Residents Urged to Get Well Tests

Tests of water from Wainscott residents’ wells for the presence of two toxic compounds linked to health problems continued this week under the auspices of the county and state Health  Departments. The agencies are screening for the presence of perfluorinated chemicals in wells near the industrial areas where the chemicals, called PFCs, had been used.

With lab results in for 24 of the 70 samples taken so far in a targeted area south of the East Hampton Airport, there have been no additional detections of the PFCs in question, perfluorooctane sulfonate (PFOS) and perfluorooctanic acid (PFOA), at levels beyond a federal “lifetime health advisory” threshold. One resident’s well was found to have the chemicals at that concentration several weeks ago. 

However, the chemicals were detected in 15 of the wells that were tested, though at extremely low levels.

As of this week, East Hampton Town is delivering bottled water to more than 60 residents who, concerned about the safety of their water, have requested it. 

According to the federal Environmental Protection Agency, levels of PFOS and PFOA in water should not exceed .07 parts per billion, or 70 parts per trillion. At 13 of the 15 wells where either or both of those chemicals were found, the levels measured under 20 parts per trillion, Town Supervisor Larry Cantwell reported Tuesday. At two of the wells the levels were higher, he said, though still only a fraction of the E.P.A. threshold.

The chemicals in question are not formally regulated but are considered “emerging contaminants,” with federal health advisory levels set to protect the most vulnerable, such as breast-fed babies and fetuses.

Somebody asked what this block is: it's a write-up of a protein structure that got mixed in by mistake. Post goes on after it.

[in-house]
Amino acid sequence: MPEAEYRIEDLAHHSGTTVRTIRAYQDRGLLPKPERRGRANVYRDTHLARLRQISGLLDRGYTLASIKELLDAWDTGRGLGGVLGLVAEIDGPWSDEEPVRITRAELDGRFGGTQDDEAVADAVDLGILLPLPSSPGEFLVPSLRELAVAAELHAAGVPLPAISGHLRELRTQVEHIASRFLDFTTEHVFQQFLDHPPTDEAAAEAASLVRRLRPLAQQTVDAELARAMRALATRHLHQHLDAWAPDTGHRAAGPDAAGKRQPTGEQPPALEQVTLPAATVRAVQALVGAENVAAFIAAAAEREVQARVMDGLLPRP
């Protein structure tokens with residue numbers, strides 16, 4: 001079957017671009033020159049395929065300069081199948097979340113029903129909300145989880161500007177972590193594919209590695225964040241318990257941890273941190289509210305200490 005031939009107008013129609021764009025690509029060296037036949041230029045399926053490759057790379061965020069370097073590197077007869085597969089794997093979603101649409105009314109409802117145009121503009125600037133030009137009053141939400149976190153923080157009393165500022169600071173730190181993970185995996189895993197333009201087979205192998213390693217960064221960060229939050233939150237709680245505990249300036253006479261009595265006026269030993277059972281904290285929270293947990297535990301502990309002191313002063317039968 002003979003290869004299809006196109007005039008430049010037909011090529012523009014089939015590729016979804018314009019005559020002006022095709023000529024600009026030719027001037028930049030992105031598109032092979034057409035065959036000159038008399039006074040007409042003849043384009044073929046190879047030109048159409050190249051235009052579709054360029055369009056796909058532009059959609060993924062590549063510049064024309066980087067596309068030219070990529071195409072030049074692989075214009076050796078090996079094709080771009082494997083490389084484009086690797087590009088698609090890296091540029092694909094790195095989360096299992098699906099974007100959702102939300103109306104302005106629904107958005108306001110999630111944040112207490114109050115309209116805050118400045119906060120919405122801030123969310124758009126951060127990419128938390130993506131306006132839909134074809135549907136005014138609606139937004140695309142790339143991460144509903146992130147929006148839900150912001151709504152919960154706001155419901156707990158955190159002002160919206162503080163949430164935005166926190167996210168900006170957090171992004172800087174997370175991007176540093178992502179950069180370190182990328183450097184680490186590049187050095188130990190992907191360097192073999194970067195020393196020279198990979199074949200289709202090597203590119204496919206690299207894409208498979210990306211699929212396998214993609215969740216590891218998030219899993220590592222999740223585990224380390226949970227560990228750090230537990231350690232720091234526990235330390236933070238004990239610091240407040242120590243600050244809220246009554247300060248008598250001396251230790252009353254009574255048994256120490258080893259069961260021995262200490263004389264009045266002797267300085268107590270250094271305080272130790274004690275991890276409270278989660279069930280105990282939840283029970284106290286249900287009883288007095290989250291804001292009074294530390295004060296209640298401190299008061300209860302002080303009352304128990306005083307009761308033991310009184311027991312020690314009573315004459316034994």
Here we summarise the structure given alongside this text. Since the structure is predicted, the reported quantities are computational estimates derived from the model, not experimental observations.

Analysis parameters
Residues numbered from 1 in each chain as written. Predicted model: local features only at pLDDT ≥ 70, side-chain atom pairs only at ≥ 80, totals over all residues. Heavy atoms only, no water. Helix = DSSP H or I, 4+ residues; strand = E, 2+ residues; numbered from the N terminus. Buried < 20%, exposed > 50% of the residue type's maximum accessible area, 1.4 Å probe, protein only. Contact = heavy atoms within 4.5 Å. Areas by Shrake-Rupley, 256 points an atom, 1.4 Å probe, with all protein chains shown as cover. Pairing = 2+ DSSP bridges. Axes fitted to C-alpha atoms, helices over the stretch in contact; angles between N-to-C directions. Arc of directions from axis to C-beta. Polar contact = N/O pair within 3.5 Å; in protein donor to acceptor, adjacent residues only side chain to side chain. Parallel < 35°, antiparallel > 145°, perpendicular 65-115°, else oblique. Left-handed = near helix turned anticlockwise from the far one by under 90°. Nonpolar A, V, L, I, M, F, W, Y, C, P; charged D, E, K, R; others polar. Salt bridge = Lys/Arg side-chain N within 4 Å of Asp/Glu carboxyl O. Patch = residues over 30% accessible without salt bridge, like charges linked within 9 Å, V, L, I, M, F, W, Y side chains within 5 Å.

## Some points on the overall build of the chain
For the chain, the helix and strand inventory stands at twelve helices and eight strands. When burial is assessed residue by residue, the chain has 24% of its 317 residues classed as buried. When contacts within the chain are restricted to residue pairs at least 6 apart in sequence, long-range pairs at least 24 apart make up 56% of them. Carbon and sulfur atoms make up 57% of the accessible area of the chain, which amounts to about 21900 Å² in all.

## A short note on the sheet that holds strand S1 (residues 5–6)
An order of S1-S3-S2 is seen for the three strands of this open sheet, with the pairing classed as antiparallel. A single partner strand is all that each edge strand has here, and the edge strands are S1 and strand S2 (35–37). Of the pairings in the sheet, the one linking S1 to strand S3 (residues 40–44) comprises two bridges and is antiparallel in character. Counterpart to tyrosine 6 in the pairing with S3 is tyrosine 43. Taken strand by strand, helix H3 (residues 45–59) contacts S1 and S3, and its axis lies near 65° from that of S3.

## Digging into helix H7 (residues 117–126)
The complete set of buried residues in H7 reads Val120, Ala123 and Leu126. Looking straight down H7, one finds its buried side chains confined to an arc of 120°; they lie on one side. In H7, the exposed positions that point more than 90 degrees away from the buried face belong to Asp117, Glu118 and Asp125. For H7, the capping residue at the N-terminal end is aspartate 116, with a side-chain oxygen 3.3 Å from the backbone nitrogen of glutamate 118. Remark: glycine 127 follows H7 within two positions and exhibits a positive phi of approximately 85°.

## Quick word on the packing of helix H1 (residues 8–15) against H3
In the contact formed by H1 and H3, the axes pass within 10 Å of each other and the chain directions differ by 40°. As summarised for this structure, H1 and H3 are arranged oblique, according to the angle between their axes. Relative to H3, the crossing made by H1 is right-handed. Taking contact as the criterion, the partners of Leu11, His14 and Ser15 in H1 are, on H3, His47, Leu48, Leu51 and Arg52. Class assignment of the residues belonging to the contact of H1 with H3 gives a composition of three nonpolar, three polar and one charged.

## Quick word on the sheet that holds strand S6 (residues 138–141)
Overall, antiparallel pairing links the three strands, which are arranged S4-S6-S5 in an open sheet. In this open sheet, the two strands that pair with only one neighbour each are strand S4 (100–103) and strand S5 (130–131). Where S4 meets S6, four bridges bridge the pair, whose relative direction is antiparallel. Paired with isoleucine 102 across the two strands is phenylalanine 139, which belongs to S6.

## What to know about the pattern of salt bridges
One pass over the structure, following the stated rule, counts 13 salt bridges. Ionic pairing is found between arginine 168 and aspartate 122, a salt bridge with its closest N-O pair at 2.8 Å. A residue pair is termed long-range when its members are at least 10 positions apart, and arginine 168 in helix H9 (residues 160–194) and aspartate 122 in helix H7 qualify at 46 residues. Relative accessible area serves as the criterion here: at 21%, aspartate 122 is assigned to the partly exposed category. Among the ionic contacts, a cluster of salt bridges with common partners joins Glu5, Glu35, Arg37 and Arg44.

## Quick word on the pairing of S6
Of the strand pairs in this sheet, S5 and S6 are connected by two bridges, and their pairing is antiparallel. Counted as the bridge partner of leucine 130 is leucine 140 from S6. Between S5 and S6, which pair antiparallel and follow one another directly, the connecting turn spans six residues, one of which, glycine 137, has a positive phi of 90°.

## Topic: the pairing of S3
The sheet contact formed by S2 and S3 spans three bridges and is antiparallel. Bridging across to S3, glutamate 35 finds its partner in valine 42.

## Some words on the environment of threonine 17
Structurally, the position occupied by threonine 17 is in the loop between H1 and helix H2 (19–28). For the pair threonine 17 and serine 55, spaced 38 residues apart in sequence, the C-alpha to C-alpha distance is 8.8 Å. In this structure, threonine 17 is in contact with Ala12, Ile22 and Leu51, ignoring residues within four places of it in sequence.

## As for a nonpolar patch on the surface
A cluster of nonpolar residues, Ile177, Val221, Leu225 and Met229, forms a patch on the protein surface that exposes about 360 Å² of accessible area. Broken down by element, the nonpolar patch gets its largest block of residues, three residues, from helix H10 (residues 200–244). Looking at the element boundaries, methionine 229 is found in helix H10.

A New York State laboratory is conducting the tests for PFCs, while the county Health Department lab, using a second water sample from each well, is testing for a broad range of contaminants, such as pesticides, metals, volatile organic compounds, and bacteria. Those results are pending. Lab results are reported to homeowners by phone and in writing.

Mr. Cantwell this week again urged Wainscott residents in the targeted zone, which now includes 246 properties with private wells, to consent to the free water testing. Sixty-three new requests for testing have recently been received, he said, but more than 100 property owners have still not responded to letters from the Health Department, or in-person visits from department representatives.

The testing zone was established by the Health Department based on groundwater flow and the nature of the chemical contaminants, and excludes properties served by the Suffolk County Water Authority, which does regular testing on the water it provides.

“The key is for homeowners to sign up for the tests and for the Health Department to get them done,” said Mr. Cantwell. “We need to have a much more complete picture of what’s happening.” The State Department of Environmental Conservation “will be the lead agency in investigating the source,” he said. 

Groundwater contaminated by perfluorinated chemicals has been found in several areas of Long Island, including parts of Yaphank and Westhampton Beach near sites where firefighting foam has been used. 

In the past, the E.P.A. has made efforts to eliminate the use of both PFOS and PFOA, and chemicals that degrade to them. Between 2000 and 2002, PFOS “was voluntarily phased out of production in the U.S. by its primary manufacturer, 3M,” according to an E.P.A. advisory. However, the agency continues to allow a limited set of ongoing uses for PFOS, including in fire-resistant aviation hydraulic fluids, metal finishing and plating, and photography and film products. 

The federal agency also reports that, at its request, eight major companies phased out the use of PFOA by the end of 2015. Early last year, the Food and Drug Administration banned the use of both chemicals in food packaging.